• Create a vision of the future and sell it

  • Implement an information system architecture


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Seven ways to Customer Segmentation Approach to Marketing“Learn the Business”

  • Have project teams study the marketplace

  • Concentrate on lines of business

  • Sponsor weekly briefings

  • Attend industry meetings with line executives

  • Read industry publications

  • Hold informal listening sessions

  • Become a “Partner” with a line manager


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Vision Customer Segmentation Approach to Marketing

  • A Vision is a statement of how someone wants the future to be or believes it will be; it is used to set direction for an organization.

  • Strategies tell how someone is going to get somewhere; it is their plan for the future.


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Boeing’s Three Visions Customer Segmentation Approach to Marketing

  • The right part in the right place at the right time.

  • Create an enhanced information stream

  • Define a strategic business architecture


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Five Waves of Innovation Customer Segmentation Approach to Marketing

  • Wave 1: Reducing cost

  • Wave 2: Leveraging investments

  • Wave 3: Enhancing products and services

  • Wave 4: Enhancing executive decisionmaking

  • Wave 5: Reaching the consumer


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Five Attitudes CEOs Take Toward IT Customer Segmentation Approach to MarketingWilson’s Study

  • The majority of CEOs interviewed -- 52% to be exact -- are neutral, believing they do not have enough knowledge to direct IT investments.

  • Quadrant 1: CEOs in this category have a high degree of confidence in receiving benefits from IT investments. 12%

  • Quadrant 2: CEOs in this category are well aware that implementation problems can destroy that potential. 26%

  • Quadrant 3: CEOs countered here are pessimistic about IT, believing that all systems will be delivered over-budget. 8%

  • Quadrant 4: CEOs in this category believe that IT is harmful because it introduces chaos and too much change for people to cope well. 2%


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Major Roles for Systems Departments Customer Segmentation Approach to Marketing

  • An increasing trend to outsourcing

  • The appearance of high-impact projects by high-caliber SWAT teams


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Relationships for CIOs (Keen) Customer Segmentation Approach to Marketing

  • Cooperative external relationships

  • Partnerships between systems and senior management

  • Partnering between systems professionals and users


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Marketplace Changes Customer Segmentation Approach to Marketing

  • The quality imperative

  • Consumer computing

  • Deregulation of some major industries

  • Crossing industry boundaries

  • Traditional customers are “leaving”

  • Crossing national boundaries

  • Production is becoming global

  • New product and service development cycles are shortening


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Two Ways Companies and Alliances Compete with Information Technology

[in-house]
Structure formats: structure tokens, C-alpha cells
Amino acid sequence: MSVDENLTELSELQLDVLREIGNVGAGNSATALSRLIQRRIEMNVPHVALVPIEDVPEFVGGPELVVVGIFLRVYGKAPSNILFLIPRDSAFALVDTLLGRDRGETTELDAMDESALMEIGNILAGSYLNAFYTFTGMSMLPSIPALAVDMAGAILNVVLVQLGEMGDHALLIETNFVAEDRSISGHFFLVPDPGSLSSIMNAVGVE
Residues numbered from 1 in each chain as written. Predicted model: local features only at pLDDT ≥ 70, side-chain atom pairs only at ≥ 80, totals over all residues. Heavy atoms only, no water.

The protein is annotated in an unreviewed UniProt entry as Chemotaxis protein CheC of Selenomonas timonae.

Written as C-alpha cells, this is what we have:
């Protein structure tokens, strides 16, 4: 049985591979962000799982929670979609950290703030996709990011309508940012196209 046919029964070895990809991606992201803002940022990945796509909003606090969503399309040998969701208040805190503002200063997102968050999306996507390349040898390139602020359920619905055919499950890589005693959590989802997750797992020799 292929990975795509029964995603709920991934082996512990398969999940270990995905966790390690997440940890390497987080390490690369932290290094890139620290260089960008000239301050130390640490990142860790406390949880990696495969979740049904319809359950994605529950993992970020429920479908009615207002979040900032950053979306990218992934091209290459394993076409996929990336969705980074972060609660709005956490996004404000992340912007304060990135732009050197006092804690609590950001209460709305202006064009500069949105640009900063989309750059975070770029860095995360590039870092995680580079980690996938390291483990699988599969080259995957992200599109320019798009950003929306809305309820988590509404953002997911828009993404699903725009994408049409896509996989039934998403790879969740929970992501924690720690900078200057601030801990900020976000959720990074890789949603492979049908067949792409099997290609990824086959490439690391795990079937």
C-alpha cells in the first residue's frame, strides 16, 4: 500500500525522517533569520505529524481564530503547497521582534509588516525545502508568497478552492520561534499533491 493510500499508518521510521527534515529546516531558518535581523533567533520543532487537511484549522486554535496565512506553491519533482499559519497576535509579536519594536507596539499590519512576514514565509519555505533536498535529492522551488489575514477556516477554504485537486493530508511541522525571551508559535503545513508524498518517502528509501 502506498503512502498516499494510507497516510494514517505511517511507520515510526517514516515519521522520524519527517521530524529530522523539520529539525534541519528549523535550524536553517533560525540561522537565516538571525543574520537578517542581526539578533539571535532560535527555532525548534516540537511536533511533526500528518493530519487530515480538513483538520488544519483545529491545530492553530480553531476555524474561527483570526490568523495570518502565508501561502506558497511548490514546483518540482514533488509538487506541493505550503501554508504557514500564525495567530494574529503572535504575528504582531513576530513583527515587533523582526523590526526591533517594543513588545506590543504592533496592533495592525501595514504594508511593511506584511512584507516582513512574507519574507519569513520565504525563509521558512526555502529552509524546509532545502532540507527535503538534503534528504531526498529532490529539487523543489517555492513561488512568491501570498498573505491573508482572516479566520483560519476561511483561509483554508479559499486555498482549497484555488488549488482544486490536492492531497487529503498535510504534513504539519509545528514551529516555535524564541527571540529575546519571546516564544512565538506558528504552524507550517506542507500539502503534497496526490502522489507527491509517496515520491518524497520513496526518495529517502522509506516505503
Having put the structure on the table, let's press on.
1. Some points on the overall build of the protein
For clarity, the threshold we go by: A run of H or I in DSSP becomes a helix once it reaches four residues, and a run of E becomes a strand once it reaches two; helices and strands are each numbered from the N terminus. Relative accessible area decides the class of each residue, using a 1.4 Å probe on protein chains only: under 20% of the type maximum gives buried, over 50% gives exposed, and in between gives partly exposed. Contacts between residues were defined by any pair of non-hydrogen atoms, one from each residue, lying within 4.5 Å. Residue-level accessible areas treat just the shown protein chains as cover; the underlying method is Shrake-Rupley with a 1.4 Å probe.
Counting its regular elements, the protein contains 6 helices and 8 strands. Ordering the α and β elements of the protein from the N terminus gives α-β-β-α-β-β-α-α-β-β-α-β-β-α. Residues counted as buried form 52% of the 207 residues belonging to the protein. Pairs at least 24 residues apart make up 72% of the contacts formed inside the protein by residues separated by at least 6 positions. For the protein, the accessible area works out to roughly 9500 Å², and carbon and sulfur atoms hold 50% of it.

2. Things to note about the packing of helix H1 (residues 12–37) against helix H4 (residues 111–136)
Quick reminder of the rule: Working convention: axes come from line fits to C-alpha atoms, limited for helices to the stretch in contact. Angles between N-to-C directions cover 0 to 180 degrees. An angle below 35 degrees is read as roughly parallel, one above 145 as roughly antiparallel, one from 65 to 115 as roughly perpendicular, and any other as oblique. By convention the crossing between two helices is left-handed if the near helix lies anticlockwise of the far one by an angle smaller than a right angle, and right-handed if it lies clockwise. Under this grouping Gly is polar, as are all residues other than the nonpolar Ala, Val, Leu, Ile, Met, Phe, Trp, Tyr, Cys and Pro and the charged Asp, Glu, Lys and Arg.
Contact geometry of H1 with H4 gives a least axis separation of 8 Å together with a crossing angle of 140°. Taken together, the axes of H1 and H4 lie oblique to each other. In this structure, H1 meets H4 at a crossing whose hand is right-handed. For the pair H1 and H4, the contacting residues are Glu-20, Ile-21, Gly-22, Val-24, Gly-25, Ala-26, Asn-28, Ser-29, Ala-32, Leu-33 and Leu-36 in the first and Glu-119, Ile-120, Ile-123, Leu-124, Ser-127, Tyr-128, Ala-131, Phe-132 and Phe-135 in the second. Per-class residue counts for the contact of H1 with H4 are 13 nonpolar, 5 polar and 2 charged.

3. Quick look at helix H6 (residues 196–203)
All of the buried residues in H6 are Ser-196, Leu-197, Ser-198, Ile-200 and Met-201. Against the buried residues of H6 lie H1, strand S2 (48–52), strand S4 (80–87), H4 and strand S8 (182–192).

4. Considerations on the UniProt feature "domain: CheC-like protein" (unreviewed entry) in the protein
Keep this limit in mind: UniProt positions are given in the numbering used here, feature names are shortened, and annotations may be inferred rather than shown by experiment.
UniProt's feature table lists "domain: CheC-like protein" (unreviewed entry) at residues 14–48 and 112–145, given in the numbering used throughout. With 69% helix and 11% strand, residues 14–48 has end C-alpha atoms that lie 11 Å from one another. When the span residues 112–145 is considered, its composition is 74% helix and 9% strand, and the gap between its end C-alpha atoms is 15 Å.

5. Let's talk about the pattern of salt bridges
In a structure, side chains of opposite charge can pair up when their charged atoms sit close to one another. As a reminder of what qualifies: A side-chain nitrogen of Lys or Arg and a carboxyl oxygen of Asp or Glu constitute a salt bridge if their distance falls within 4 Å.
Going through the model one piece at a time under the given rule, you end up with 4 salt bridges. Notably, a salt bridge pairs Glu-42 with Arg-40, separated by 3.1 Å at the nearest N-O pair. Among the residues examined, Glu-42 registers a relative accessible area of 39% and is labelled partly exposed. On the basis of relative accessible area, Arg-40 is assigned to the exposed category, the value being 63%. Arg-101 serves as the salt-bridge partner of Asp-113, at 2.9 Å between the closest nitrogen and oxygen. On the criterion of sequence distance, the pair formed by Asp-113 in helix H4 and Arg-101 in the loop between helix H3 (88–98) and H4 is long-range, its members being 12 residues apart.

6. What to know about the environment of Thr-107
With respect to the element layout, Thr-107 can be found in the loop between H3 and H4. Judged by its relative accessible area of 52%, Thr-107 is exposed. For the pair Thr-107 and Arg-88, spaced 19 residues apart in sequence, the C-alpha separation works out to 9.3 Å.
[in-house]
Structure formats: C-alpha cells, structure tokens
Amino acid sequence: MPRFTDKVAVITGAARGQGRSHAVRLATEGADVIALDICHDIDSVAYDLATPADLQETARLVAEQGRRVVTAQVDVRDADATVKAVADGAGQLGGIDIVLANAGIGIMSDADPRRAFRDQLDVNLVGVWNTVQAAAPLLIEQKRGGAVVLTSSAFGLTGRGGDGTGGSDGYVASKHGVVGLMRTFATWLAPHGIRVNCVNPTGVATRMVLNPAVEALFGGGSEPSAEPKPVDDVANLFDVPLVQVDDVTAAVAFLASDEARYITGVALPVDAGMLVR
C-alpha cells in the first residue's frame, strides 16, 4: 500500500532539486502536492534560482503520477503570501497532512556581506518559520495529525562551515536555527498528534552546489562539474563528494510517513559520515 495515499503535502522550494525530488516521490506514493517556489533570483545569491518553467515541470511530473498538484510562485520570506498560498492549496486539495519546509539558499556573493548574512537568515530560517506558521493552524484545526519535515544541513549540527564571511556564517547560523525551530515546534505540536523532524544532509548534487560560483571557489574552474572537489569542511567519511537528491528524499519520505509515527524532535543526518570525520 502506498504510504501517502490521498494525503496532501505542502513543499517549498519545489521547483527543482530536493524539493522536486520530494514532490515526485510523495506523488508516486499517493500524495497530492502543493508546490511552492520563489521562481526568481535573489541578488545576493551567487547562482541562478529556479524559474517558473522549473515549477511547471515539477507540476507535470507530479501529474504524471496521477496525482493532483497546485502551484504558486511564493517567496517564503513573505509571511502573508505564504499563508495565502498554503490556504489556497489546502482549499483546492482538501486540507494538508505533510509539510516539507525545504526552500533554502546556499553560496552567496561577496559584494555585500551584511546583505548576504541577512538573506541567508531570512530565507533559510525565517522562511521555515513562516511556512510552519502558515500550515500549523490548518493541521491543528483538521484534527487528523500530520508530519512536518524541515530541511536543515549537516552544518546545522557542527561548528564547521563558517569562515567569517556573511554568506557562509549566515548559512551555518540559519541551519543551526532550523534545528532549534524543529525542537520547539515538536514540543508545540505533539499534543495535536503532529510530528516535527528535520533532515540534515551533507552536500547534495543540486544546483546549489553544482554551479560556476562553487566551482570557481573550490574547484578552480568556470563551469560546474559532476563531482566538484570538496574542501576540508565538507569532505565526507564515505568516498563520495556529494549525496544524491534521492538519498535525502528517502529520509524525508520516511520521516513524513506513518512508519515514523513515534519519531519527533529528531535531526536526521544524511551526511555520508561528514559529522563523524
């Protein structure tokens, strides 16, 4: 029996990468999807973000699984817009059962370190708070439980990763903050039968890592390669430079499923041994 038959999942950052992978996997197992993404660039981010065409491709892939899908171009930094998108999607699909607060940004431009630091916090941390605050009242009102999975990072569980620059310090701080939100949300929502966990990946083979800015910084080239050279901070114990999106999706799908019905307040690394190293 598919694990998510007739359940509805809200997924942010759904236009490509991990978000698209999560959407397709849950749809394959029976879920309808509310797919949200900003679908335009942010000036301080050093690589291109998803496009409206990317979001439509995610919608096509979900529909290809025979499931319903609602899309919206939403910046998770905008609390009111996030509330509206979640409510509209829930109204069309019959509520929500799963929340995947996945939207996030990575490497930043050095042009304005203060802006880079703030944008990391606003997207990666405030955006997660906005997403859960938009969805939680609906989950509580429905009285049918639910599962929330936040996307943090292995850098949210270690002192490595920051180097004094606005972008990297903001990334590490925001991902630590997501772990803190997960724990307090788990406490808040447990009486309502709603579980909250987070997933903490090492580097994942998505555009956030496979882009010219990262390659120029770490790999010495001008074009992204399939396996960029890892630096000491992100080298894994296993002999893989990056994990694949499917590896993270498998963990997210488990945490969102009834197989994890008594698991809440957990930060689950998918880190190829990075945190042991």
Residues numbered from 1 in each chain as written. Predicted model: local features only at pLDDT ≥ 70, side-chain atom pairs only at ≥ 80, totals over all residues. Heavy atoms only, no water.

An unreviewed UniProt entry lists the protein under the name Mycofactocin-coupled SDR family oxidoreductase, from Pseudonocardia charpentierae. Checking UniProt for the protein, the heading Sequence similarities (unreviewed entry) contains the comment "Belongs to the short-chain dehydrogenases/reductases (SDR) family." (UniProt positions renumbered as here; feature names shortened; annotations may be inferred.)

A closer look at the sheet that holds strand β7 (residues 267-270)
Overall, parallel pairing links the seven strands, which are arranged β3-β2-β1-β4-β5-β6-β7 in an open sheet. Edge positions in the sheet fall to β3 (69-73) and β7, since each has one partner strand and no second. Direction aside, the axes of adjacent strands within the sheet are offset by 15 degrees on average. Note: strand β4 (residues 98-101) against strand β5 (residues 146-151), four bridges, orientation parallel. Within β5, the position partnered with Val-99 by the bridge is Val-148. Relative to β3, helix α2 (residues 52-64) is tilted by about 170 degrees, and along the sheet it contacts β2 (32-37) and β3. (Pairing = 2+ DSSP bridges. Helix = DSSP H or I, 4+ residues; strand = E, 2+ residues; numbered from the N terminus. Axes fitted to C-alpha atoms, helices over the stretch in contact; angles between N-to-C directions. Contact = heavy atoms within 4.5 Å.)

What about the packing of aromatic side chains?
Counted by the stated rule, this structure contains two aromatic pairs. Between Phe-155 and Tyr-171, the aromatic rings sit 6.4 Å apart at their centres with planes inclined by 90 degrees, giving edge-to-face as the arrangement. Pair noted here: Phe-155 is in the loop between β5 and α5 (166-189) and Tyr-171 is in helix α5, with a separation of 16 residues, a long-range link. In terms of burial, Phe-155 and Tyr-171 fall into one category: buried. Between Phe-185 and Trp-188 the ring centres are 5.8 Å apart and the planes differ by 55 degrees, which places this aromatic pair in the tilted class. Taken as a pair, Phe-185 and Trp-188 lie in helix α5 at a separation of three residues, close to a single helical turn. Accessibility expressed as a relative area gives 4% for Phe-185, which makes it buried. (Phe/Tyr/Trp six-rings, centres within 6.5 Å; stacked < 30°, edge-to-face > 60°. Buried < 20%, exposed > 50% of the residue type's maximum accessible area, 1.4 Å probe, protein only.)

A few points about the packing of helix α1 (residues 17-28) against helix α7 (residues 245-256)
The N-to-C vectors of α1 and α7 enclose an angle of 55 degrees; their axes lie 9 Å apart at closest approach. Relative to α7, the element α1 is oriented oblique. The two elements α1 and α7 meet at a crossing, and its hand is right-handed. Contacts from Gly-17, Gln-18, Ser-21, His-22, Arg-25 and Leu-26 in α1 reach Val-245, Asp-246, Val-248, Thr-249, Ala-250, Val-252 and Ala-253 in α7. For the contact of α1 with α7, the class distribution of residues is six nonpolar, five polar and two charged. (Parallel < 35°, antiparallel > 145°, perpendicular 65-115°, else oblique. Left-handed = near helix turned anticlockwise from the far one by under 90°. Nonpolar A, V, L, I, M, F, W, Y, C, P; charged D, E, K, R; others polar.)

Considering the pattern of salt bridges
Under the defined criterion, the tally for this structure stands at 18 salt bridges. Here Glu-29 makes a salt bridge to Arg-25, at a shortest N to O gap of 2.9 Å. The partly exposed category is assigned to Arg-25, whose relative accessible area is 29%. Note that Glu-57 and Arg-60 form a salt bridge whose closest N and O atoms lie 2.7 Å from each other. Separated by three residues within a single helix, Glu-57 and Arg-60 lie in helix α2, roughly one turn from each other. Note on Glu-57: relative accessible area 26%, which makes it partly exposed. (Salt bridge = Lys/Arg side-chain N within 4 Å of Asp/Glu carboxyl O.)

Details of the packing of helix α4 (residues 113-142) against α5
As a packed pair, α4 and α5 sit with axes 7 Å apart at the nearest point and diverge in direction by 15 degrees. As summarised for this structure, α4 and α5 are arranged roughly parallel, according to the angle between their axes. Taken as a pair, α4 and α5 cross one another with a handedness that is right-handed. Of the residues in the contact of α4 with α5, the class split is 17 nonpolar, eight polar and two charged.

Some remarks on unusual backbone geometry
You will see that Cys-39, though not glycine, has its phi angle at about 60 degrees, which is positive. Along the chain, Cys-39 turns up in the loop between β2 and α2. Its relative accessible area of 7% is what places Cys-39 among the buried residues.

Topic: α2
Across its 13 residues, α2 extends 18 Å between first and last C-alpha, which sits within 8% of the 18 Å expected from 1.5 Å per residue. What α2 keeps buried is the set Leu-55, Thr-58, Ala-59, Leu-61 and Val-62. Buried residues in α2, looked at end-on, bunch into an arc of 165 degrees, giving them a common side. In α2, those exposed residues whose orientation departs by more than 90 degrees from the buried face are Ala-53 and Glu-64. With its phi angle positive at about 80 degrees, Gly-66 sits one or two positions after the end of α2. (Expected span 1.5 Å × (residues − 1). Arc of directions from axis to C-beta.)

To Stay in Business

  • Quality

  • Service

  • Innovation

  • Speed

    To Gain Market Share

  • Competing With Time

  • Total Quality Management

  • Customer is King

  • Innovate or Die


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Wiseman’s Approach to Strategic Thrusts Technology

  • Differentiation

  • Cost

  • Innovation

  • Growth

  • Forming alliances


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TELOS Technology

  • Technical Feasibility

  • Economic Feasibility

  • Legal Feasibility

  • Operational Feasibility

  • Schedule Feasibility


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Unsuccessful Systems Technology

  • Systems were developed which did not support business strategies and objectives.

  • Poor systems planning and inadequate project management.

  • Failure to define or understand user requirements.

  • Negligence in estimating costs and benefits of the systems project.

  • Creation of a myriad of design defects and errors.

  • Acquisition of computers and software that no one needs or knows how to use.

  • Installation of incompatible or inadequate technology.

  • Negligence in implementing adequate controls.

  • Development of unstructured, unmaintainable software.

  • Inadequate implementation tasks.


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SMDS Technology

  • Switched Multimegabit Data Services is a switched service for MANs that uses cell relay technology.

    • The service is now being offered by local telephone companies and promoted for linking LANs within metropolitan areas.

    • Long distance carriers are also looking into offering it between MANs, as is Stanford University to transfer medical images (such as CAT scans) and earth resources mapping images among buildings on the campus


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Characteristics of Interorganizational Systems Technology

  • At least two parties to create an IOS, thus the partners in the venture must have a willingness to cooperate and the ability to perform the work.

  • Standards play a major role in permitting many IOS efforts to get off the ground.

  • Education of potential partners is often more of a hurdle than the technology.

  • Coordination of joint systems often entails using a third party.

  • The various efforts need to be synchronized.

  • Work processes are often re-evaluated.

  • Technical issues are minor compared to the relationship issues.

  • IOS often requires more openness than traditional system development.


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Interoperability Technology

  • The capability for different machines, using different operating systems, on different networks to work together on tasks-exchanging information in standard ways without any changes in the command language or in functionality and without physical intervention.